Researchers have analyzed the Moon’s carbon emissions better to understand the formation process of our natural satellite. A study was conducted by a team of astronomers from Osaka University in Japan, using the Kaguya lunar orbiter. Soichiro Yokota and its researchers’ team have analyzed the data collected by the rover. Consequently, they have discovered that the natural satellite emits carbon ions all across its surface.
In addition to this, data shows that there is no basic pattern to determine the emissions since the basaltic plains are responsible for a higher percentage of carbon ions than the lunar mountains. Yokota has declared that the carbon emissions are closely linked to the age of the area. For example, plains are younger, and this is why they emit more carbon, being exposed to the external environment for a shorter period.
The Moon presents carbon emissions, which might shed more light on its formation
Secondly, the researchers decided to analyze the Moon’s carbon emissions and compare them with the solar wind and the collisions with outer space objects. They soon realized that these data did not coincide, leading them to believe that its carbon supply powers the natural satellite.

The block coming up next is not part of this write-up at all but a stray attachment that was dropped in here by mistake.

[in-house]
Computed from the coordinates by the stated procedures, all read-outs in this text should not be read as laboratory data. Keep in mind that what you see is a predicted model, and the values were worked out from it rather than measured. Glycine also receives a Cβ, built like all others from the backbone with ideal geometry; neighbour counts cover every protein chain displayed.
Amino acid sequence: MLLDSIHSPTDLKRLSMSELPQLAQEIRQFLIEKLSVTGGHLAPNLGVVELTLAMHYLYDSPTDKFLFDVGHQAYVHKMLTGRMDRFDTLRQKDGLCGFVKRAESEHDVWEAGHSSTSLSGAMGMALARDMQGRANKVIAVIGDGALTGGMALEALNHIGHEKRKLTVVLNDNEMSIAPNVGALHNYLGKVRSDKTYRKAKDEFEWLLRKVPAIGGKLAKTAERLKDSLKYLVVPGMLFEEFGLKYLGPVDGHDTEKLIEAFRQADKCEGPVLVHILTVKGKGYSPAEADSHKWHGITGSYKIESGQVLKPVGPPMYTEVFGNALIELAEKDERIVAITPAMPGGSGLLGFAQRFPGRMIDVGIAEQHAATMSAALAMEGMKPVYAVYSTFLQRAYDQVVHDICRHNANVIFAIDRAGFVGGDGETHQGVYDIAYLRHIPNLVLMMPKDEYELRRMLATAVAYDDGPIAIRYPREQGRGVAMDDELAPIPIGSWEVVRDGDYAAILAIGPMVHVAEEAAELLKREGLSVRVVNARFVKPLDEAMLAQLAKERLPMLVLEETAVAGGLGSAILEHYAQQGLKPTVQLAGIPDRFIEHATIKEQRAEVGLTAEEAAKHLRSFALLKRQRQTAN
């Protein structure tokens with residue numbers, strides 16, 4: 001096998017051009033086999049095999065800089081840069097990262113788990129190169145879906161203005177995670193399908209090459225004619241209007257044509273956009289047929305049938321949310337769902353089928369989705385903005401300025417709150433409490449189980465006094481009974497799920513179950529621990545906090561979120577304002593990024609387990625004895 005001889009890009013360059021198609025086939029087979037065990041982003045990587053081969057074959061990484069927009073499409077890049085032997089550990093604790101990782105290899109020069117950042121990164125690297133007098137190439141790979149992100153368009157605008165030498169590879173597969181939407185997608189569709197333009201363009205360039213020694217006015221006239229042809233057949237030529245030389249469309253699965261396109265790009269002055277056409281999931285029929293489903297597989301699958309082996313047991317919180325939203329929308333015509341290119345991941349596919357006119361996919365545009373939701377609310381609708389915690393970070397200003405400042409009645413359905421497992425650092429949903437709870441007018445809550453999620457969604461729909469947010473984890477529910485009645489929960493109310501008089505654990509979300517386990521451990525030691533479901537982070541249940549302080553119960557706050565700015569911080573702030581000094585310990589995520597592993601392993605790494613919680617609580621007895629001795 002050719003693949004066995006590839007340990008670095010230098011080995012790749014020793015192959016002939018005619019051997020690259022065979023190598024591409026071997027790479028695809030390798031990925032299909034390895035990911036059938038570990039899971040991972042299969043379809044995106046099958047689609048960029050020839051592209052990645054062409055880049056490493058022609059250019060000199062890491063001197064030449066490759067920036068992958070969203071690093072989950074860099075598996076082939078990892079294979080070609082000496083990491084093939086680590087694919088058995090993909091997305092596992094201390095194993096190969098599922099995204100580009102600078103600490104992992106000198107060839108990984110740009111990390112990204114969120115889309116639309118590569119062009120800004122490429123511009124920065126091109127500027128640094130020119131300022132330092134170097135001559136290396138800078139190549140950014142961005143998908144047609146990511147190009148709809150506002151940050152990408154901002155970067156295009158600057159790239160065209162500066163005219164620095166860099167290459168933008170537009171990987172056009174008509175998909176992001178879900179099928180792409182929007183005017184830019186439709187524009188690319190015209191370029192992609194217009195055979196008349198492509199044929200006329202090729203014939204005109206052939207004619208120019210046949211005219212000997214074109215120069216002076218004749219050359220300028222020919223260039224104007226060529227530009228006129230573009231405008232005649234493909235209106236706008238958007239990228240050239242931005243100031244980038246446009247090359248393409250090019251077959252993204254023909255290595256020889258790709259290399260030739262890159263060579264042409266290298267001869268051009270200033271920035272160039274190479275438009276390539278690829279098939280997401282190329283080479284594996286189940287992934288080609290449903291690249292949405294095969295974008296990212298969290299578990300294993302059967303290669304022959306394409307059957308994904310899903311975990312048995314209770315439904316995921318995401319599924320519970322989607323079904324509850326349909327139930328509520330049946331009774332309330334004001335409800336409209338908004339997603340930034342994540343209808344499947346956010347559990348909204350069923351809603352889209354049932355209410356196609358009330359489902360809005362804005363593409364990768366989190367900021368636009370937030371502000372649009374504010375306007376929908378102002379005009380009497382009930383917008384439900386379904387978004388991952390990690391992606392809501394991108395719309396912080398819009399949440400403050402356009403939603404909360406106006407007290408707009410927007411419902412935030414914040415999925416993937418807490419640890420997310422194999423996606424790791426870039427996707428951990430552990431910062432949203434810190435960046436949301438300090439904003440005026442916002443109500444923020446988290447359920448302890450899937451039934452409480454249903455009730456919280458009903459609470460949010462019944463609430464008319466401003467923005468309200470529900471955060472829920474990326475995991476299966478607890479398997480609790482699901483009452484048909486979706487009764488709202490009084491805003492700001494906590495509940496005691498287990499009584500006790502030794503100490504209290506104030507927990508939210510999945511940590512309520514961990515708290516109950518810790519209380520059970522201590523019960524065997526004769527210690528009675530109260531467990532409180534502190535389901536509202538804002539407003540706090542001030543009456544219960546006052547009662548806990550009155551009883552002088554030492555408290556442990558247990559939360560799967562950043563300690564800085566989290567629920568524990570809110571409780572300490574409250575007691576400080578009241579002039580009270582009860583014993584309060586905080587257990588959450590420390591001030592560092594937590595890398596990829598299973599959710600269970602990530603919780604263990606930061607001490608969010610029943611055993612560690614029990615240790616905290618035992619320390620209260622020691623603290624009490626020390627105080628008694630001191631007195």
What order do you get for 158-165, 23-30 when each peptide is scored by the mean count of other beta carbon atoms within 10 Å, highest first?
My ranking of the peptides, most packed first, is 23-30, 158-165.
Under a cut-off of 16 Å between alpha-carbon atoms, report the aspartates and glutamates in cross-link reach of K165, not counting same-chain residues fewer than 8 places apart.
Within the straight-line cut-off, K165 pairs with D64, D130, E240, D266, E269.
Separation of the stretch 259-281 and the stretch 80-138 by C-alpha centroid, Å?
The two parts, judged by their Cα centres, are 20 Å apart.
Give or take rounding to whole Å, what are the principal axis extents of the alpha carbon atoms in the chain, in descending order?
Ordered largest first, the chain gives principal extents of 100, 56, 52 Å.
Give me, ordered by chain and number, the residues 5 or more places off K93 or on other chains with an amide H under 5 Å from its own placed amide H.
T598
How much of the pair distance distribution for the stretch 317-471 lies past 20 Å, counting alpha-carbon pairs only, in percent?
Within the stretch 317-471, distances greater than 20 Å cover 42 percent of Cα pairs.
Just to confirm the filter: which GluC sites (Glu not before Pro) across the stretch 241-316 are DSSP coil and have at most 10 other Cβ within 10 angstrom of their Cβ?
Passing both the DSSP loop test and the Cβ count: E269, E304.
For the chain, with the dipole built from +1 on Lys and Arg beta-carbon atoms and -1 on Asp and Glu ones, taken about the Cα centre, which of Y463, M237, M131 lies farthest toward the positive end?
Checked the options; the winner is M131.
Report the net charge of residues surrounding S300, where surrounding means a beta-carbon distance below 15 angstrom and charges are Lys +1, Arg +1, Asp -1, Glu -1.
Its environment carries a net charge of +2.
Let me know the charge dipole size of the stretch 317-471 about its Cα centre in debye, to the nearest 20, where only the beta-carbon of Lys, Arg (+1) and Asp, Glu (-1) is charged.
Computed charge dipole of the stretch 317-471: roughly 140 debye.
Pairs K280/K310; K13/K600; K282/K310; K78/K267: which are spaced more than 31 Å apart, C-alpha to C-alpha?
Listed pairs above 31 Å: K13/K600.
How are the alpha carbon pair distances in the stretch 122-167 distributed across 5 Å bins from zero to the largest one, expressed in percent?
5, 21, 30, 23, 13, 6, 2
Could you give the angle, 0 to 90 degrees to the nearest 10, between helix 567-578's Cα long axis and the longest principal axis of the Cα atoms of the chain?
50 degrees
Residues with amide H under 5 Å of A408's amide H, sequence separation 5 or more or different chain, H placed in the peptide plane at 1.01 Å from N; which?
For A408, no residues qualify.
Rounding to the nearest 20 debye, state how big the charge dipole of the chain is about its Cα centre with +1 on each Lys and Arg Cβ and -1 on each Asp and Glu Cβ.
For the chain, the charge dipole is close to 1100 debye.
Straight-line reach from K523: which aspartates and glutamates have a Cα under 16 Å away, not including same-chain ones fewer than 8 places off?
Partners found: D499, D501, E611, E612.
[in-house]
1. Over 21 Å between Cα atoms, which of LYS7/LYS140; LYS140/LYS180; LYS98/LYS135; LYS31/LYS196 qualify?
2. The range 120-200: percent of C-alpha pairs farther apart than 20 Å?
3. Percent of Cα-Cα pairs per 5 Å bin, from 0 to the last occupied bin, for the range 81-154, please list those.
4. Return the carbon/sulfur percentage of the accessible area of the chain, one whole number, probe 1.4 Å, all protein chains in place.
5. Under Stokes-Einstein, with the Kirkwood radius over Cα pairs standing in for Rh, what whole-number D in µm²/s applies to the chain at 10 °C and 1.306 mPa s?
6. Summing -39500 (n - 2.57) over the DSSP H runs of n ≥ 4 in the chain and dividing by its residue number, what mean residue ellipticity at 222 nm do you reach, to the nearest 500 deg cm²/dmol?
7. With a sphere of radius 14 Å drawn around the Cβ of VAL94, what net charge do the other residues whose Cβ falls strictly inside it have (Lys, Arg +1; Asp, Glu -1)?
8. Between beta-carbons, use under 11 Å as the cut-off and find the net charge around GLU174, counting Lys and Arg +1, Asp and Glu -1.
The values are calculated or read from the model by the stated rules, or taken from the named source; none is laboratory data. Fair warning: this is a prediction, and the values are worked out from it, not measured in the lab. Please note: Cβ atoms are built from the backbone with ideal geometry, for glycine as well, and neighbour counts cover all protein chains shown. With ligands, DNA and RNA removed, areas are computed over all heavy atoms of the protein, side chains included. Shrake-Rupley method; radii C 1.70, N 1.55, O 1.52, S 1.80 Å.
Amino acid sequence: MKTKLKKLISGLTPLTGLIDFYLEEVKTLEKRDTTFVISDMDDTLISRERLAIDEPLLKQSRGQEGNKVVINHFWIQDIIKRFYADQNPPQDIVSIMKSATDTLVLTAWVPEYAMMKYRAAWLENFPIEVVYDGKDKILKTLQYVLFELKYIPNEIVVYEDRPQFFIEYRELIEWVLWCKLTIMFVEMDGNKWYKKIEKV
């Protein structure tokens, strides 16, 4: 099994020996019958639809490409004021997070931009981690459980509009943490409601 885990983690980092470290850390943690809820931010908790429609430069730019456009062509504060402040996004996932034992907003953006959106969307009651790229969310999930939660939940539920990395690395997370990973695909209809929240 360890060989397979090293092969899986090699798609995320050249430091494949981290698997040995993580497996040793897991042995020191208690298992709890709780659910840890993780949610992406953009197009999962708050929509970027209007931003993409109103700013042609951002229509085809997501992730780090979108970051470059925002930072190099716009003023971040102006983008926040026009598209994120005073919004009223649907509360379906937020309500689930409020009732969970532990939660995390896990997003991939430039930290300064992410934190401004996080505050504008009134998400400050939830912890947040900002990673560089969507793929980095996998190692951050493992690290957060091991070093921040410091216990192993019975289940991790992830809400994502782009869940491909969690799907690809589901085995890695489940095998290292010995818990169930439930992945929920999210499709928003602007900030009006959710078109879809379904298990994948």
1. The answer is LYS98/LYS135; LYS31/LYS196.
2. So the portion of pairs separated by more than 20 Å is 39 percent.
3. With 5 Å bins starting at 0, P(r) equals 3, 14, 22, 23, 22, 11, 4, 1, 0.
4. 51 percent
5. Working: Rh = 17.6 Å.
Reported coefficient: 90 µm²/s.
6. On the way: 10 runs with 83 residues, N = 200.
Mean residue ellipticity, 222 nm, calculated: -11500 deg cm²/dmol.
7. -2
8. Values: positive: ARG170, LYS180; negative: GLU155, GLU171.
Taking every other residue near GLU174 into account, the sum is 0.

The astronomers used to believe that the compounds found in the lunar surface do not contain an essential quantity of volatile compounds. However, it has been proven that this substance is highly present on the Moon, being obtained either when the satellite was formed, or throughout its life.
This discovery has suggested that during its formation, the Moon did not face such impressive temperatures, which were caused by the impact between our planet and Mars, causing the volatile substances to disappear. Instead, this analysis offers researchers new insight into the formation and evolution of our natural satellite and claims for further consideration for the previously mentioned theories. The findings can be found in the Science Advances journal.